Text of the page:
Texas Newspapers Unite Behind David Dewhurst

Even before the May primary, David Dewhurst enjoyed strong support from Texans across the state. But in the past few weeks, major newspapers throughout Texas have stated or even reaffirmed their support for the Lieutenant Governor.

These influential newspapers have described David Dewhurst as a “successful businessman,” “accomplished,” and “effective and conservative.” And with his record of conservative victories, could anyone blame them?

Here is a sample of what these influential newspapers have said about David Dewhurst.

Houston Chronicle, July 13, 2012:

Our endorsement of Dewhurst can be divided into two parts: a belief in his superior experience and qualifications in both the political and private arenas; and a real concern about Ted Cruz’s seeming lack of interest in compromise and, it would seem, the best interests of Texas.

Dewhurst is not a natural politician. But over time as lieutenant governor he has shown that he understands the importance of working with others, in this case 31 state senators with different agendas and sizable egos.

He’s done that work doggedly, putting in long hours to make the Texas Senate function in a collegial, businesslike manner. This experience would serve him – and the 23 million Texans our next senator will represent – well in the U.S. Senate.

Dewhurst would bring particularly needed skills in budgeting to Washington, both from his days in Austin and as a very successful businessman in the energy sector. Budgets and energy are two priorities for the nation.

Texas doesn’t need an obstructionist in the Senate. It needs a constructive voice. The clear choice is David Dewhurst.

Dallas Morning News, July 18, 2012:

Cruz’s problem is that beyond his tea party talking points, he’s stuck for solutions to larger problems. His my-way-or-the-highway certainty, clearly attractive to some Texas Republicans, would prove a poor substitute for actual governance. He speaks and sounds like the lawyer he is, which is not a criticism. What he doesn’t sound like is someone who can rally other senators to his side. That is a criticism.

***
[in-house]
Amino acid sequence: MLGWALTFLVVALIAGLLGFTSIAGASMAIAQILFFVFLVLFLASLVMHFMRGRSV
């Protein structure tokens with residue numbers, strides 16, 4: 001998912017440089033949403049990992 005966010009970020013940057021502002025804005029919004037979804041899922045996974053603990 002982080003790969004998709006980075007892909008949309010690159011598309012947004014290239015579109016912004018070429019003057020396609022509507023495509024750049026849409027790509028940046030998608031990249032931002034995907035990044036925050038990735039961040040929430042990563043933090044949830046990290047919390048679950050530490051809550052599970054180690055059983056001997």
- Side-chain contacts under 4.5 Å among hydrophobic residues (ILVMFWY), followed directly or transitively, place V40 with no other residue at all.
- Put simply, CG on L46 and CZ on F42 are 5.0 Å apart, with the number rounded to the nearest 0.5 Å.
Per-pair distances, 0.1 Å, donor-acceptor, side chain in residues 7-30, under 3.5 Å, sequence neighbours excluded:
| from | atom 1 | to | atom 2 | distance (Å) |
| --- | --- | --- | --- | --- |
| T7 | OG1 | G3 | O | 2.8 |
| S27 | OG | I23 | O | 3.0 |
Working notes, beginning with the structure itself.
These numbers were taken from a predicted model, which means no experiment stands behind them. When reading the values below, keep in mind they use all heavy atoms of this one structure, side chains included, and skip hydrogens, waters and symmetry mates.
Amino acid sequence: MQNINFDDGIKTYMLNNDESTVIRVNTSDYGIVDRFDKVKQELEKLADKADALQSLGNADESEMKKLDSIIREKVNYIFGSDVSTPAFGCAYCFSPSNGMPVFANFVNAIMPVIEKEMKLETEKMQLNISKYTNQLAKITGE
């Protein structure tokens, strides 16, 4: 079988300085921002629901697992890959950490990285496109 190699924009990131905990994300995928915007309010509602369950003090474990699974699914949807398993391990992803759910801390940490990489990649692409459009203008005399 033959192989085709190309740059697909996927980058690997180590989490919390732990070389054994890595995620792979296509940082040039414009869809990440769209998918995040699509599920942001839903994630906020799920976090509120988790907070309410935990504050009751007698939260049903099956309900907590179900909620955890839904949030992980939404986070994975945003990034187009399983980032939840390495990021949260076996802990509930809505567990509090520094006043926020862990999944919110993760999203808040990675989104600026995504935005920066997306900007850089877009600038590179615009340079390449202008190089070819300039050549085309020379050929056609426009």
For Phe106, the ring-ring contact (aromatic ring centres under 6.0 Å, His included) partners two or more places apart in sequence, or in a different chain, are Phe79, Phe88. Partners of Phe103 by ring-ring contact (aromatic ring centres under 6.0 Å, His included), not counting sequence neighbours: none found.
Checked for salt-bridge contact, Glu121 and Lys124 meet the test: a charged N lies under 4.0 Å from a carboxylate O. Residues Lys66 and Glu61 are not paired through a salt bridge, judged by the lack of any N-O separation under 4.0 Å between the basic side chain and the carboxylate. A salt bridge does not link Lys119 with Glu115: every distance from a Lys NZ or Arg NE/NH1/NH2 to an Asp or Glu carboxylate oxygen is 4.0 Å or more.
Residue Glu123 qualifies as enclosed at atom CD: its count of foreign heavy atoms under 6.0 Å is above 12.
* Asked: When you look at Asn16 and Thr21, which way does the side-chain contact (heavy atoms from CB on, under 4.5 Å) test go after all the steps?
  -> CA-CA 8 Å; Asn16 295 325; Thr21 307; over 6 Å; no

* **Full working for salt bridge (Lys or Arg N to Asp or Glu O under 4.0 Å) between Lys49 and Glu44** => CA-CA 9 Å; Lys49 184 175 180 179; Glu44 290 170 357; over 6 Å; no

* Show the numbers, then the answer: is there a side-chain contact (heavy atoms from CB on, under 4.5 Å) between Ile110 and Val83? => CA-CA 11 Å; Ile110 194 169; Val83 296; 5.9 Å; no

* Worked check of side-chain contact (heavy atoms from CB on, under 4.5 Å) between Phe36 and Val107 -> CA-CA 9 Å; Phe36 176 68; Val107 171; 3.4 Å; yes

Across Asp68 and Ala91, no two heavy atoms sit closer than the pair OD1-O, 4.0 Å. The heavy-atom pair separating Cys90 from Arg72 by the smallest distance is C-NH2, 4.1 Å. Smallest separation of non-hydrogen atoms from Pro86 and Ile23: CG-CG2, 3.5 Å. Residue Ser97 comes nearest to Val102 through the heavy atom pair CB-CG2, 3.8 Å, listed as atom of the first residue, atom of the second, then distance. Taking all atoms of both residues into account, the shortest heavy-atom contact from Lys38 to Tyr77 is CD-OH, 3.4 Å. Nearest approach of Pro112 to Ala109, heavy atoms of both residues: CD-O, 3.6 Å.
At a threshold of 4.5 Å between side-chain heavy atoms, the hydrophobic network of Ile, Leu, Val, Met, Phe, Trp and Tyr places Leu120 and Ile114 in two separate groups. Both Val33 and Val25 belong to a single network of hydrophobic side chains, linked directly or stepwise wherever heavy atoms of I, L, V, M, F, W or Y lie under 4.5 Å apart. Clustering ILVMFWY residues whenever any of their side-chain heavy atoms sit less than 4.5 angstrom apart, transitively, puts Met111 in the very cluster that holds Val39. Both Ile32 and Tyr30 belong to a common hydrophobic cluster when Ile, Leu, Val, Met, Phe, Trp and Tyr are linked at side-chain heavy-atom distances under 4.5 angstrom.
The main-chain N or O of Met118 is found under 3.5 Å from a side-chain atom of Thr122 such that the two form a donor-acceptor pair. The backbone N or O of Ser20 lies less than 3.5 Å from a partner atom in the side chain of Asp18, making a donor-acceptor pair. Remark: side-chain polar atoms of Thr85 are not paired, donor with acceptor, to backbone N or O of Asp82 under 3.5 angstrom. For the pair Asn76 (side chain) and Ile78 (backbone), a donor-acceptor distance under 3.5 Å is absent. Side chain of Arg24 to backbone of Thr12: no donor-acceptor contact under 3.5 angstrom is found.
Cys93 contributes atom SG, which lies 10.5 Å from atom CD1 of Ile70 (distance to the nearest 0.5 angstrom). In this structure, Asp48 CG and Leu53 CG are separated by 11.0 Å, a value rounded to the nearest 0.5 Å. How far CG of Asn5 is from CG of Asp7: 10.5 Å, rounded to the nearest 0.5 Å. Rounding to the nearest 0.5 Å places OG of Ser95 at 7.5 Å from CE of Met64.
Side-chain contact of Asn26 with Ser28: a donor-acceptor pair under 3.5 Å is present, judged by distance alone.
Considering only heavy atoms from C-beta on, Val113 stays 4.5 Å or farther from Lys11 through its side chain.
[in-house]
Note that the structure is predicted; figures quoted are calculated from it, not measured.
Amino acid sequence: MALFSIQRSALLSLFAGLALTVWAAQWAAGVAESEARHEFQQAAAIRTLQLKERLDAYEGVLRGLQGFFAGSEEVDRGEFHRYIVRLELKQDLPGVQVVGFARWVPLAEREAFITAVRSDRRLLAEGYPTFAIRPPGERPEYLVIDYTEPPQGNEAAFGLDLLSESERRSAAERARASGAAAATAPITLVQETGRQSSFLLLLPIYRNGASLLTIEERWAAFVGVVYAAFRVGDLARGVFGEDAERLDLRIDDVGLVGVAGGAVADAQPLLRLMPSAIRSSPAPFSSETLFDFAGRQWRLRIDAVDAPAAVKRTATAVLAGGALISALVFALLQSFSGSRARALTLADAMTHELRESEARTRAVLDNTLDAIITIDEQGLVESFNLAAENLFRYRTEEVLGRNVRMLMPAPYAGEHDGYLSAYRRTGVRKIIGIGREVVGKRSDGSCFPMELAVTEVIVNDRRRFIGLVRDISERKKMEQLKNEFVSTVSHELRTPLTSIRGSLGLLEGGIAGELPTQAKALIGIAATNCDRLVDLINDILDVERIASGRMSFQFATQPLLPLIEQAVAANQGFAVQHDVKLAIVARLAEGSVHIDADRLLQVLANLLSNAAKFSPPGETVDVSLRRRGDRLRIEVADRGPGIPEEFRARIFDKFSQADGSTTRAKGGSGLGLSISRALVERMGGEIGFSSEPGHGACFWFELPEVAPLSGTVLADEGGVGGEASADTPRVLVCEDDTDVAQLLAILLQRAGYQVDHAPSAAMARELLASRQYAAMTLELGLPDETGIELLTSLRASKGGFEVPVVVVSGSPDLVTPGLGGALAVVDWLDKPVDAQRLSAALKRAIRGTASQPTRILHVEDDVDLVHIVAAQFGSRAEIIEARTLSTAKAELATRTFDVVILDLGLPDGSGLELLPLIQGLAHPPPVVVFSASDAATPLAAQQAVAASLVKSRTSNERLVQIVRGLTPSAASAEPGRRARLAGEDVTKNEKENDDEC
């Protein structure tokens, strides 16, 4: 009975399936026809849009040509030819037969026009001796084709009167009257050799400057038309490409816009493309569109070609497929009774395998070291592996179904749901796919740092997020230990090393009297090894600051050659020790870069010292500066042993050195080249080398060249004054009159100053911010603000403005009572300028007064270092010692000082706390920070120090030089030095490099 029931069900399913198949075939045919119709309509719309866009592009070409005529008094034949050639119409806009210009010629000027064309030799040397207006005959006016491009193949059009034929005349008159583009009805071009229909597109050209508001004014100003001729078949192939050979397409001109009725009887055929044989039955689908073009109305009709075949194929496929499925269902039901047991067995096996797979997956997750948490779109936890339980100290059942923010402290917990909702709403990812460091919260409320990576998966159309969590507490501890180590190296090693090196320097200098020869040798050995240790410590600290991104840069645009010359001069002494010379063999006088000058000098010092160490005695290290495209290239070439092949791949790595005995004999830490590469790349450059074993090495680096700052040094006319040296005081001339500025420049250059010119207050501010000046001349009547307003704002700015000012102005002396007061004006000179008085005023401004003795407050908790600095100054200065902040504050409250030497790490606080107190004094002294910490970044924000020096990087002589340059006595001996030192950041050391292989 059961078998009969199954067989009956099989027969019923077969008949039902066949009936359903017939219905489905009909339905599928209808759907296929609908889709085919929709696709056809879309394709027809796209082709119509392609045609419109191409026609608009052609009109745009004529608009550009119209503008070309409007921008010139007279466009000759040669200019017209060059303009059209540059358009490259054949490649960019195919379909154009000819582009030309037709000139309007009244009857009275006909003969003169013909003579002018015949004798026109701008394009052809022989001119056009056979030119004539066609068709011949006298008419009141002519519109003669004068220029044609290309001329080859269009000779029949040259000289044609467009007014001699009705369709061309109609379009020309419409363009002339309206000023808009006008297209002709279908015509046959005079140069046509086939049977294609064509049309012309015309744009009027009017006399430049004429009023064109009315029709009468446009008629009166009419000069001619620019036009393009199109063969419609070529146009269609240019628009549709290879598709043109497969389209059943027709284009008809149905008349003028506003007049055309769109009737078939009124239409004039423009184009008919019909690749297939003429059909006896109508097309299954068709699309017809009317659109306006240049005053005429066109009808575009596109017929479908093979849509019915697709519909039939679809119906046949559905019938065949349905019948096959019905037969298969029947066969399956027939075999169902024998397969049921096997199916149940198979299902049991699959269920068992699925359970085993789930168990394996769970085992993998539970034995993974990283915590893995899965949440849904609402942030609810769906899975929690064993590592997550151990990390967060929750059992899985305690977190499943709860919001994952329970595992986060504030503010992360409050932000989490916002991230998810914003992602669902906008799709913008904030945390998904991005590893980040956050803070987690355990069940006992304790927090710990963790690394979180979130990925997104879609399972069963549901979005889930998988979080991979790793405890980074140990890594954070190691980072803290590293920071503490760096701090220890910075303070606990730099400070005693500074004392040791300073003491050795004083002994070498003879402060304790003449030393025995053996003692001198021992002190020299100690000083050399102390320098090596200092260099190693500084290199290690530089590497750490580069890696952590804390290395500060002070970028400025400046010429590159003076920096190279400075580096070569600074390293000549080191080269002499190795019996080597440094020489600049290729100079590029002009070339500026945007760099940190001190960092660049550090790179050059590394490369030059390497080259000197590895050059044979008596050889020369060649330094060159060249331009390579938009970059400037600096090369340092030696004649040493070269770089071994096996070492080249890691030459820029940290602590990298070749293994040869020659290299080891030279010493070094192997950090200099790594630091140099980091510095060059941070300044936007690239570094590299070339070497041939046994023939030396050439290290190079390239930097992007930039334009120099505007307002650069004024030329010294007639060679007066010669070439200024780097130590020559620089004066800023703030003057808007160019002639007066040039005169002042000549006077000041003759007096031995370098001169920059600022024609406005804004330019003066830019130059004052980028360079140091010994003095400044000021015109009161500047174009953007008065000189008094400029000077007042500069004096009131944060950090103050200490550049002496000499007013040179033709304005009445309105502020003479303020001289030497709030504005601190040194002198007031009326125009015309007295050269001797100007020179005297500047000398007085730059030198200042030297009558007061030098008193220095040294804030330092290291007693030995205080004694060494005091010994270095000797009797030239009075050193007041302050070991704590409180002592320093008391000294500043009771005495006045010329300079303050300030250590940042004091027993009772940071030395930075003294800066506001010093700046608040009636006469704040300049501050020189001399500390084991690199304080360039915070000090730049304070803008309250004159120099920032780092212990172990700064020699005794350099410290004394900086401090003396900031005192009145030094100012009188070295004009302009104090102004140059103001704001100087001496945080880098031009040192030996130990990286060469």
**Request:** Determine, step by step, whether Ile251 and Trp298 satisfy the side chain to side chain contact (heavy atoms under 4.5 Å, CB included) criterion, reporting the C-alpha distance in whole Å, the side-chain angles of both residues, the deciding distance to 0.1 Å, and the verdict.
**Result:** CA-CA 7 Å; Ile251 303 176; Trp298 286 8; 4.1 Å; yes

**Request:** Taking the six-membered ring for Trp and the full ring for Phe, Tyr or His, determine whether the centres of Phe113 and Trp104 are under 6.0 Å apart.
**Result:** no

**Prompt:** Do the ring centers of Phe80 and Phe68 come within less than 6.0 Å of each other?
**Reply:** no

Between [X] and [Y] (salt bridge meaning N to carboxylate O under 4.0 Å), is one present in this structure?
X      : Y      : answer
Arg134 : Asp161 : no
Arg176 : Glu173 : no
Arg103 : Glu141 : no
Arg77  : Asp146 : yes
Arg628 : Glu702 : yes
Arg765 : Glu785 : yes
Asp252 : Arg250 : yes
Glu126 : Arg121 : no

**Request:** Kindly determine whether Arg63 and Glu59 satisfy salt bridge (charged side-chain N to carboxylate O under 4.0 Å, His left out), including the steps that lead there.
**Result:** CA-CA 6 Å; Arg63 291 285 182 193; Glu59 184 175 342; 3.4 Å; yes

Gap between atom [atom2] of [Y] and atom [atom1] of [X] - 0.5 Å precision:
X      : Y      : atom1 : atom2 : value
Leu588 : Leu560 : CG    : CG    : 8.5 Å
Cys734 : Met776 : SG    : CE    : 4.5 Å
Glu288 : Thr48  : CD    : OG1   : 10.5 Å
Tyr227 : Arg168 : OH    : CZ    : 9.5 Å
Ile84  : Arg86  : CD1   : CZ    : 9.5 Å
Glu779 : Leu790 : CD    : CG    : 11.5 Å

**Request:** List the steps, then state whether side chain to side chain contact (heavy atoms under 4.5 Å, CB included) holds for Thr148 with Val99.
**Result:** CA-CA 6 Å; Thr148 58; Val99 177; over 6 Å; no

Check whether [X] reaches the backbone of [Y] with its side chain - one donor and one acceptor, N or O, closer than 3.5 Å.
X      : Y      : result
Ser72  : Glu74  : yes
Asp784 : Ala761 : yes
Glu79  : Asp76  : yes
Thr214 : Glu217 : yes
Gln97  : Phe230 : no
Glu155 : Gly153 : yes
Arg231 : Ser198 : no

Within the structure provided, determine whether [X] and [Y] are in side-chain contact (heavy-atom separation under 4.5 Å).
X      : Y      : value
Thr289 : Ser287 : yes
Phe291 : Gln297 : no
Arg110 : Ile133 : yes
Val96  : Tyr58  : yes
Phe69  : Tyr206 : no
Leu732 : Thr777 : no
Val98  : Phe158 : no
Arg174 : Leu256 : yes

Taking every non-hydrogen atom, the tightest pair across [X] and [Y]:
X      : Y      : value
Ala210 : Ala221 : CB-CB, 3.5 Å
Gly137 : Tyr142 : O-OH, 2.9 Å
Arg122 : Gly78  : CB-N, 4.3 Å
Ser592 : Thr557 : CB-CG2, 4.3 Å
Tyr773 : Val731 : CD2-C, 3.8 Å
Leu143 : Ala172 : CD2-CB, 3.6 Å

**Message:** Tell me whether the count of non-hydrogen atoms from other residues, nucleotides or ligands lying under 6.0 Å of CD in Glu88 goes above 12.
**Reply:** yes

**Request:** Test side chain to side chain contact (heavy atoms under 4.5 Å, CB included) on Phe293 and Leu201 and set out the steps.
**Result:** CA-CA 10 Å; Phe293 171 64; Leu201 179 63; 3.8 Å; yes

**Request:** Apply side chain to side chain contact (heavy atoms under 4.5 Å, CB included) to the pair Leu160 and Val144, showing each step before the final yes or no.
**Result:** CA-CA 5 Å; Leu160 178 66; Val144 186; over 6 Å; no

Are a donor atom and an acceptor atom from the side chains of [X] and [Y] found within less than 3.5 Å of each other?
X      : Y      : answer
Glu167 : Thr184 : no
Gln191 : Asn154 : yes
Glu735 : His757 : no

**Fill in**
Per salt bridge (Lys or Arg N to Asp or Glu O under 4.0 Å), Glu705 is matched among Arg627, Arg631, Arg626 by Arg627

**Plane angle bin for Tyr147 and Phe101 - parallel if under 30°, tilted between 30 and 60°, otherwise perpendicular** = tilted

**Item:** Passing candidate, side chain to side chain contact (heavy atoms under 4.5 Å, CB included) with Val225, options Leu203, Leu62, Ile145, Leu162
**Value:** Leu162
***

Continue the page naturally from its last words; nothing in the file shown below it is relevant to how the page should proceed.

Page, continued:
The obvious difference is Cruz is commenting on what happens in the arena, the hard work and tough negotiating among divergent perspectives. Dewhurst is a veteran of that arena, with a decade as lieutenant governor, in charge of an often-fractious Texas Senate. Doing this job required him to build coalitions that, yes, included Democrats. It forced him to find partnerships on issues from health care to water planning to the always nettlesome state budgeting process.

It’s one thing to talk about it. It’s quite another to have proved one can do it.

Cruz would passionately represent those Texans who support him, a noisy segment of the majority. Dewhurst would be a U.S. senator for a broader, wider swath of Texans and prove far more effective for his state and his nation.

San Antonio Express-News, July 18, 2012:

After being elected lieutenant governor in 2002, Dewhurst used the tough 2003 legislative session to demonstrate his ability to dig deep beneath the surface on a variety of issues and find creative approaches to trimming the state budget while protecting services as much as possible.

While many public officials lean heavily on staff to handle the details, Dewhurst actually does his homework and masters complex issues.

With Dewhurst at the helm of the Texas Senate, lawmakers passed five state budgets without a tax increase.

Both GOP Senate candidates are solidly conservative, but Dewhurst has a track record of effectively working in the legislative process to translate goals into accomplishments.

Lubbock Avalanche-Journal, July 22, 2012:

In the crowded field to succeed retiring Sen. Kay Bailey Hutchison, David Dewhurst has a long record of effective and conservative leadership in public office, most recently in his current role as lieutenant governor. Mr. Dewhurst stands out as one who can represent Texas well in the role of U.S. Senator, has the legislative experience and consensus-building skill set necessary to be a factor in the more formal body of Congress and exhibits a clear knowledge of the needs and expectations of Texas voters. He also has a history of understanding and being supportive of the interests of the South Plains, Lubbock and Texas Tech.

While some find Mr. Dewhurst’s record as one of principle-bending compromise, we do not. There is a difference between the capitulation of principle those at the extremes of both parties demand of their opponents and compromises that accommodate differing principles while still yielding good policy. We see both Mr. Dewhurst and Mr. Cruz as men of near-identical conservative principles who will not capitulate, but Mr. Dewhurst’s record makes clear he knows how to build consensus without compromising principle — and that’s a skill sorely lacking in Congress today.

David Dewhurst has a record of social and fiscal conservatism, and indeed, the ability to get things done — instead of claiming he’ll merely be an obstructionist — is an attribute Texans should demand of their next U.S. Senator.

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